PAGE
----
I first traveled to Tanzania in November 2006. This was six amonths after graduating from college, where I majored in Health & Societies with a concentration in African Health, along with taking a pre-med curriculum. I planned to stay in Tanzania for several months and then apply to medical school. I volunteered in a maternal and child health clinic during the morning hours and early on, found an orphanage center where I spent my afternoons. It didn’t take long for me to literally fall in love with the kids at Matumaini Child Care Center. There were about nine kids at the beginning who had all been orphaned by AIDS, and they were the most joyous, sweet, generous children I had ever had the privilege to meet. Within the first week or two I was already writing home to fundraise money in hopes of providing the children with three meals per day and school fees, which were the most basic needs at the time.
After four months, I met Michelle Kowalczyk, a nurse from Nebraska. I was at the end of my trip while Michelle was just beginning hers. Our trips overlapped for one week, during which a friendship was born out of a basic common interest: giving of our time to help those in need. Michelle came to work in the same clinic and I also introduced her to Matumaini, where she too fell in love. Michelle completed great work at the center, including the purchasing of bunk beds and renovation of the latrines and when her time in Tanzania came to an end, we began to talk about what had to come next. Hundreds of email exchanges and phone calls later, it was October 2007 when Michelle and I decided that starting a nonprofit was something we really wanted to do in order to help support Matumaini and take on other projects in the area. We spoke with three others about joining our efforts and they did; and Knock Foundation was born.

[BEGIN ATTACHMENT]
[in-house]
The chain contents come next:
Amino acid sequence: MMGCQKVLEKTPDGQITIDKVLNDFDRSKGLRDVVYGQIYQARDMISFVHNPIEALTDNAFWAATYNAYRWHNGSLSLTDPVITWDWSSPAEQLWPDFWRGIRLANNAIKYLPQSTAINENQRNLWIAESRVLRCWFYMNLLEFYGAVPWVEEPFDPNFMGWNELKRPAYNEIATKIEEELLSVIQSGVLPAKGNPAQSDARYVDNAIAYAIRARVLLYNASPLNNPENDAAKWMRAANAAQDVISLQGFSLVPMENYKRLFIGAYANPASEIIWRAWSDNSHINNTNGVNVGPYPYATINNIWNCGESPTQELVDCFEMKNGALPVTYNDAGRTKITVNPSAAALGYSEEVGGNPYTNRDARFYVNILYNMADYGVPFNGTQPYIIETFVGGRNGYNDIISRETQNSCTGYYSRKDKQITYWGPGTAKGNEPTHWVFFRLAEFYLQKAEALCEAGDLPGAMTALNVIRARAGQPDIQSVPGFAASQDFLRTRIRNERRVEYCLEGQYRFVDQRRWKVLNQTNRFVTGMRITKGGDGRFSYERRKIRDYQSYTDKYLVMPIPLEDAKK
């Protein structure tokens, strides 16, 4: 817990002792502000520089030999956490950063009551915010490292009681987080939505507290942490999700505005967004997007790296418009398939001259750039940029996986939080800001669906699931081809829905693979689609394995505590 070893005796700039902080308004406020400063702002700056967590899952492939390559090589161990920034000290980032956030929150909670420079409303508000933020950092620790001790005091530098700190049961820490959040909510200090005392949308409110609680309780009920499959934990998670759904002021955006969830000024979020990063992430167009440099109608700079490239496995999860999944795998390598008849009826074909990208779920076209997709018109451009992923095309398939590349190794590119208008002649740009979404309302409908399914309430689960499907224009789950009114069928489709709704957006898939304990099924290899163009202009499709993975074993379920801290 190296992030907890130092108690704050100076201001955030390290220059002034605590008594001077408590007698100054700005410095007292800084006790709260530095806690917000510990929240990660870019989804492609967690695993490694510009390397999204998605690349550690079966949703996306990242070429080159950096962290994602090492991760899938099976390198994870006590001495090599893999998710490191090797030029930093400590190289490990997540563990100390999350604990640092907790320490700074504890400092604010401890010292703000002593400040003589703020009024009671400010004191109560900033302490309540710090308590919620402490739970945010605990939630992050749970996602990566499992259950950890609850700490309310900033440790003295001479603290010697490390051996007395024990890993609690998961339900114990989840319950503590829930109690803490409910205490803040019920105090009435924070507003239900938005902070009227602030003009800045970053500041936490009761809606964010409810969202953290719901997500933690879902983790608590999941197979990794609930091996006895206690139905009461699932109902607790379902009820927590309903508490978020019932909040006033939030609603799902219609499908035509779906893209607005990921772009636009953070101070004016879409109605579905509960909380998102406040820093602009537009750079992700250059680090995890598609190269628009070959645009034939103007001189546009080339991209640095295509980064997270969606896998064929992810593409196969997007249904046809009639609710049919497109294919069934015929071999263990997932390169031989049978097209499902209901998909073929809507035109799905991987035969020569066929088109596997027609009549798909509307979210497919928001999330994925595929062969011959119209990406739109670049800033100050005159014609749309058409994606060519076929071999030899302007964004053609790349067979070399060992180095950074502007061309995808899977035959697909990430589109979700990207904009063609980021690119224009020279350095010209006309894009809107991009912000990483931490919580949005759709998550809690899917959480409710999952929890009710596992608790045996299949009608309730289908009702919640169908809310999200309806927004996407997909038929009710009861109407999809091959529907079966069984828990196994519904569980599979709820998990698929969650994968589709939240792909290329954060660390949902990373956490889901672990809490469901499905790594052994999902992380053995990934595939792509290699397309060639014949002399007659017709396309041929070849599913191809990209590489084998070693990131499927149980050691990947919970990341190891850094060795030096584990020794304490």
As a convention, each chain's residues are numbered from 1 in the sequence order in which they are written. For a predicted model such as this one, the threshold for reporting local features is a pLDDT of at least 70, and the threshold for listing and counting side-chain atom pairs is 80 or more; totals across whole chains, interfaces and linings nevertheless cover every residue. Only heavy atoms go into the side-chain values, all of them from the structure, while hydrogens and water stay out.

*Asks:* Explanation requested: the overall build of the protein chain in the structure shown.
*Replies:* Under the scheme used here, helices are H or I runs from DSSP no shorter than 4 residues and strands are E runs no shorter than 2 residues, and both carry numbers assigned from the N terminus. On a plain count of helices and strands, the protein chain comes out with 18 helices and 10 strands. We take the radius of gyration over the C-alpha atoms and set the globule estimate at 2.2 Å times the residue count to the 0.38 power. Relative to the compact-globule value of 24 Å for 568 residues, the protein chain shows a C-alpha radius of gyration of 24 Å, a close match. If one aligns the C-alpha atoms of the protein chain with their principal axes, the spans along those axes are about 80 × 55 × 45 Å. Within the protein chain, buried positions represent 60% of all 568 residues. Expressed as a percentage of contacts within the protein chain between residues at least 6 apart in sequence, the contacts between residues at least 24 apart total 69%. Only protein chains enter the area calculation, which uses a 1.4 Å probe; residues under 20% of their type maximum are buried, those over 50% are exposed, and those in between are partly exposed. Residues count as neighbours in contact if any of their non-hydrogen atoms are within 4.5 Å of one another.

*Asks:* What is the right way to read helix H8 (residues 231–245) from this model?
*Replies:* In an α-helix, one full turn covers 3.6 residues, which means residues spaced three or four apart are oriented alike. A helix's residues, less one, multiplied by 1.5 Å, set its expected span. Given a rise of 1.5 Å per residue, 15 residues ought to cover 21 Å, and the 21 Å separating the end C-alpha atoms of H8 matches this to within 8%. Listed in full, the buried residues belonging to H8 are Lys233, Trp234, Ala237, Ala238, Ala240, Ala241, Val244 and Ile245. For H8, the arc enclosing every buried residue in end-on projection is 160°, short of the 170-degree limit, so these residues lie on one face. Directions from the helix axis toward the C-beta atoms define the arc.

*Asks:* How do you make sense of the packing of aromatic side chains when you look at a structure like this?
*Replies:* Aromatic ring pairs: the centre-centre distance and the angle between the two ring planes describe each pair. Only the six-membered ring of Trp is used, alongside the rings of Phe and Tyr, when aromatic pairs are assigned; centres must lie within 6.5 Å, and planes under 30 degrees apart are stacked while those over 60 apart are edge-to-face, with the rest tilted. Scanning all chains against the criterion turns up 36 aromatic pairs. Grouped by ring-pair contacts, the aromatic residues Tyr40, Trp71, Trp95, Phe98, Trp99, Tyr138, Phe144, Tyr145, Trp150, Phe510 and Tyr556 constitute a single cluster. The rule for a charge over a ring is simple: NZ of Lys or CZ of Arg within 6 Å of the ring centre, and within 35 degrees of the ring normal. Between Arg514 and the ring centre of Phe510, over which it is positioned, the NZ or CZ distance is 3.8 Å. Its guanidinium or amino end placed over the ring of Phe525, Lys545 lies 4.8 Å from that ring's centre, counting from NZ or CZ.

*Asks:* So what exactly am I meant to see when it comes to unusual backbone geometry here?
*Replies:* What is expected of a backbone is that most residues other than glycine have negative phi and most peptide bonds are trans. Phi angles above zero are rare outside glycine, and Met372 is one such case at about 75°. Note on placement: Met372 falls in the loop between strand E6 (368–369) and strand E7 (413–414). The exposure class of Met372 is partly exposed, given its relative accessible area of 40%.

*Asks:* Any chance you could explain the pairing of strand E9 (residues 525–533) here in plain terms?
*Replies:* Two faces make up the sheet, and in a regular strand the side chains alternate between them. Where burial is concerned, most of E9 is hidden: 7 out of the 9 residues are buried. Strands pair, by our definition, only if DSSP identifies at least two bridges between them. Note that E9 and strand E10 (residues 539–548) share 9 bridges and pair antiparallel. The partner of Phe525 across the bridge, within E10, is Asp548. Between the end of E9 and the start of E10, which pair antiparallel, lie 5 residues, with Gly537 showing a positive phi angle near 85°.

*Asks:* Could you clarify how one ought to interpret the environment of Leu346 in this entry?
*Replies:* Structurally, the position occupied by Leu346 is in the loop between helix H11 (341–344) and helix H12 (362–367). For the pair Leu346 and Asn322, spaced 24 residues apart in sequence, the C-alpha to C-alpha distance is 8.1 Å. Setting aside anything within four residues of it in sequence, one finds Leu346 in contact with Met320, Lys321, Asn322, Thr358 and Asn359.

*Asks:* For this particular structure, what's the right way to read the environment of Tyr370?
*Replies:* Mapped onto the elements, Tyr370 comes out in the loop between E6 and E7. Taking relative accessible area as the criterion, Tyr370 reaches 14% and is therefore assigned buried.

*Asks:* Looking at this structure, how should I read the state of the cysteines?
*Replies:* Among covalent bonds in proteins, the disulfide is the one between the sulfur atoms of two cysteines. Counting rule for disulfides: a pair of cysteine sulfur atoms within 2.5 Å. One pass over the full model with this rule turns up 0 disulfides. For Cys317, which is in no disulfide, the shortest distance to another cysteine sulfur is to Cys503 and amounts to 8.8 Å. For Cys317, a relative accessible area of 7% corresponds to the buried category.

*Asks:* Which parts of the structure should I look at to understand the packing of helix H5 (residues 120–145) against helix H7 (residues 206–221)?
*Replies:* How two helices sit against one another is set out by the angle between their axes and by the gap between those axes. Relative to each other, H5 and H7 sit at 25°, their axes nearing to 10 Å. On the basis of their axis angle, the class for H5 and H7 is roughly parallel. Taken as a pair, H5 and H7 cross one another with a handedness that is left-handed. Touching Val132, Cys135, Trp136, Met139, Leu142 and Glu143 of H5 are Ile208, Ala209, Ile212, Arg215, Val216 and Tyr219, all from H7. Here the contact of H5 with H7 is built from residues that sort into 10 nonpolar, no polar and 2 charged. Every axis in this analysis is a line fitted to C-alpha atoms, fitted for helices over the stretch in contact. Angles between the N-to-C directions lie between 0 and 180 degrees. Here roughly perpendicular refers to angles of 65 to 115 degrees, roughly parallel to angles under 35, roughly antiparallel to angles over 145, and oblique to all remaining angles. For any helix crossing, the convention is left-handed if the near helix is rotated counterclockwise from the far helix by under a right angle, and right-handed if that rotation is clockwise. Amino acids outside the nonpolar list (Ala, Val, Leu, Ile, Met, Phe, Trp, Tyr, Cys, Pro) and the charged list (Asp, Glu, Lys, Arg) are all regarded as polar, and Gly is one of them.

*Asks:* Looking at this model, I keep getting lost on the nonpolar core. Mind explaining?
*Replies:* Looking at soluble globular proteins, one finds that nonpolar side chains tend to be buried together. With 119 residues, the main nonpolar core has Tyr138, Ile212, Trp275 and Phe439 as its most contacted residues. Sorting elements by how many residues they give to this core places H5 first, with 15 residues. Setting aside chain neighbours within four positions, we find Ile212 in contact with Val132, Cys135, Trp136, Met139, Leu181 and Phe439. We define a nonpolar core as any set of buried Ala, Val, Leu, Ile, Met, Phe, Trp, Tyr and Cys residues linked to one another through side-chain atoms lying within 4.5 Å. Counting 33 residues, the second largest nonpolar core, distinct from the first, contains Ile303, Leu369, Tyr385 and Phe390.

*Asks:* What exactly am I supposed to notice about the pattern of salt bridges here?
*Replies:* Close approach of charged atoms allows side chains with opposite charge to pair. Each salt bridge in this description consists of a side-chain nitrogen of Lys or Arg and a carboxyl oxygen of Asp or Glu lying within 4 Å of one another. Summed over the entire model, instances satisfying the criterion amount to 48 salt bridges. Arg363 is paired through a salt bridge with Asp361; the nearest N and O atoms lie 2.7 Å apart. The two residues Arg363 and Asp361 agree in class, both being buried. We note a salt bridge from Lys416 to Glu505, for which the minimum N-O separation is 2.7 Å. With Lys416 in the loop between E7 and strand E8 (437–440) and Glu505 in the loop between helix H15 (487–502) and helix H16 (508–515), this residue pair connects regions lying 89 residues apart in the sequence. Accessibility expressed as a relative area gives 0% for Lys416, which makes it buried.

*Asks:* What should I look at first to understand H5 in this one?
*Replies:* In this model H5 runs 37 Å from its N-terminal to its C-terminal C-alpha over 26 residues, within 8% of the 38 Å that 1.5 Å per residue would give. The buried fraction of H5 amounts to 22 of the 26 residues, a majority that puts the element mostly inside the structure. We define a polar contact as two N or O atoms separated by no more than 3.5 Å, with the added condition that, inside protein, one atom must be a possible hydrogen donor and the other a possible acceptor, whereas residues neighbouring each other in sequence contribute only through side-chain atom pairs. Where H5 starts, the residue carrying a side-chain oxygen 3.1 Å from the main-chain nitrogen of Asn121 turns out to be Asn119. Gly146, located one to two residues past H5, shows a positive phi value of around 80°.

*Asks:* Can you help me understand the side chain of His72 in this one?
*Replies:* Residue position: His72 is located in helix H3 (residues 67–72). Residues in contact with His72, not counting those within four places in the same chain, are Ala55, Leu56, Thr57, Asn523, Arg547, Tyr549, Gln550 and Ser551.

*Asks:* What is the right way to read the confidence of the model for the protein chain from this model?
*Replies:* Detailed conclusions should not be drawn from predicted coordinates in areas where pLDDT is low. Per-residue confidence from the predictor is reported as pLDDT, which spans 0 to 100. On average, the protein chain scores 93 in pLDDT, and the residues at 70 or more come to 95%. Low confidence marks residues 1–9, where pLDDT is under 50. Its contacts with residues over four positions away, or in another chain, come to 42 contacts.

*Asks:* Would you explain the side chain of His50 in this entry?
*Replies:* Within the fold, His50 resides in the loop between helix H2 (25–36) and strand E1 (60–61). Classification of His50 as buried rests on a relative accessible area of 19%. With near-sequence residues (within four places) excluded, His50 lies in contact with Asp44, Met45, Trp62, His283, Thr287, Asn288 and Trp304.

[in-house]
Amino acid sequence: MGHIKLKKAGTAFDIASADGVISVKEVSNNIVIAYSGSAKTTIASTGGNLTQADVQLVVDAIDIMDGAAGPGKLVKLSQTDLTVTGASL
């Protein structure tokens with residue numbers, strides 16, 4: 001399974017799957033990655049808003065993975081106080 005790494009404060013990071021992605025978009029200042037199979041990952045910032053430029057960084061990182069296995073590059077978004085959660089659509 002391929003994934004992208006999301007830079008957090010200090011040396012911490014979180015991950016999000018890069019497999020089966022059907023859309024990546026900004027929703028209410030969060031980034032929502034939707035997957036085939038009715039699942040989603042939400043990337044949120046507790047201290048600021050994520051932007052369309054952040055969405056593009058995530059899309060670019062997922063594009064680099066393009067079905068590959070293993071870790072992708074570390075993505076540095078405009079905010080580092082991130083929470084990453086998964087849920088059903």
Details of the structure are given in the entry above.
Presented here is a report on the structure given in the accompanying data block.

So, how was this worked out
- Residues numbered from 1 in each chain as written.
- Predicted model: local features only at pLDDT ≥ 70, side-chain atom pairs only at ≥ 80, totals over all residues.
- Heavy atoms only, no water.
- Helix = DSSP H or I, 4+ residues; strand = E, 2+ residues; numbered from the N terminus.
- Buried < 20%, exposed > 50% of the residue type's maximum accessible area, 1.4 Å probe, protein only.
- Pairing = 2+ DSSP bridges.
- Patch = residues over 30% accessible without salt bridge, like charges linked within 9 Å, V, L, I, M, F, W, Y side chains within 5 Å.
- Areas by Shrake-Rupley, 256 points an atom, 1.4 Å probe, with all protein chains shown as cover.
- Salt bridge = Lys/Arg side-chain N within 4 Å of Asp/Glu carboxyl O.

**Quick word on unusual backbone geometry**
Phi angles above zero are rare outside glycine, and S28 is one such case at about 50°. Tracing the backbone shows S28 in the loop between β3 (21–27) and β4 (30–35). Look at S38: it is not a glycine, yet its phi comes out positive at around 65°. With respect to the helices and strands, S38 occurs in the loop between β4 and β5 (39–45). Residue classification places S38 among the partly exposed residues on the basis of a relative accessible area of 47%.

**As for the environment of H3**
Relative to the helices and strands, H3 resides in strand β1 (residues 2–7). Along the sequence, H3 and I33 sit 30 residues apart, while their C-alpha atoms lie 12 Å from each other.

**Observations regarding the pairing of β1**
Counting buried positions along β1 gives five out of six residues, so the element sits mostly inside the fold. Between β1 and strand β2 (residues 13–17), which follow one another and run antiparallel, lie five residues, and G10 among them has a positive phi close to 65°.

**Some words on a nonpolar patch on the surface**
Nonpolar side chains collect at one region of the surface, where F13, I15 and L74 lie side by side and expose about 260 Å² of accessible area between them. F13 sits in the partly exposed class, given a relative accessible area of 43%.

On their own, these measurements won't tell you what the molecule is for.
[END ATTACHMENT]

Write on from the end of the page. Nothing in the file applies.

Knock was really created from the passion Michelle and I developed for the kids and the surrounding community. The enormous smiles and depth of spirit of the people were unmatched by anyone else we knew. And to us it really wasn’t a choice – the only question was: “How can we not do this?” From helping nine children in the beginning, Knock now works with over 1,000 people in the Kilimanjaro Region of Tanzania, and that number continues to grow.
Knock’s mission is to create opportunities for under-served populations in the developing world. We do this by partnering with local communities and together developing comprehensive, self-sustaining and holistic practices designed to alleviate poverty and its attendant problems. At present, we have accomplished a myriad of successful projects. We fully support Matumaini Child Care Center, having constructed them a brand new facility complete with two dormitories, a dining hall, and two classrooms. The new center houses 40 orphaned and vulnerable children and serves as a community center as well. Knock also provides support for Mrupanga Primary School by running a lunch program, whereby all 400 students are given lunch everyday. In addition, Knock offers educational scholarships to bright and deserving students, helps to run an income-generating project, and has completed two medical missions and a school-building trip in Kenya.
I spend about ¾ of the year in Tanzania, running our projects on the ground. When I am in the U.S., I work on fundraising efforts, speak to interested groups, and manage some of the business aspects involved in running a non-profit organization. Whether I am in Tanzania or California, I can truthfully say I learn something new everyday. Running an organization is challenging. Working in Tanzania, although I love what I do, comes with its difficulties. I’ve had to learn how to work within the context of a completely different culture, constantly being conscious to accept the differences that exist and be patient with people. I do speak Swahili fluently, so that has made the work much easier and has given me an advantage in becoming a true member of the community. In addition, a non-profit is like running a business, something I had no experience in doing. So I have learned an immense amount about accounting and the legalities of the organization.
Although I get paid very little, I feel incredibly rich in my soul. Everyday I feel lucky to have found something about which I am so passionate at a young age. I literally cannot imagine doing anything else. Making a positive difference in the lives of others is really all I want to do in life. This certainly wasn’t the path I had in mind when I set out to Tanzania 4 ½ years ago, but I couldn’t be more grateful and truly happy with how my life has developed.
for more information on the Knock Foundation and how you can get involved click here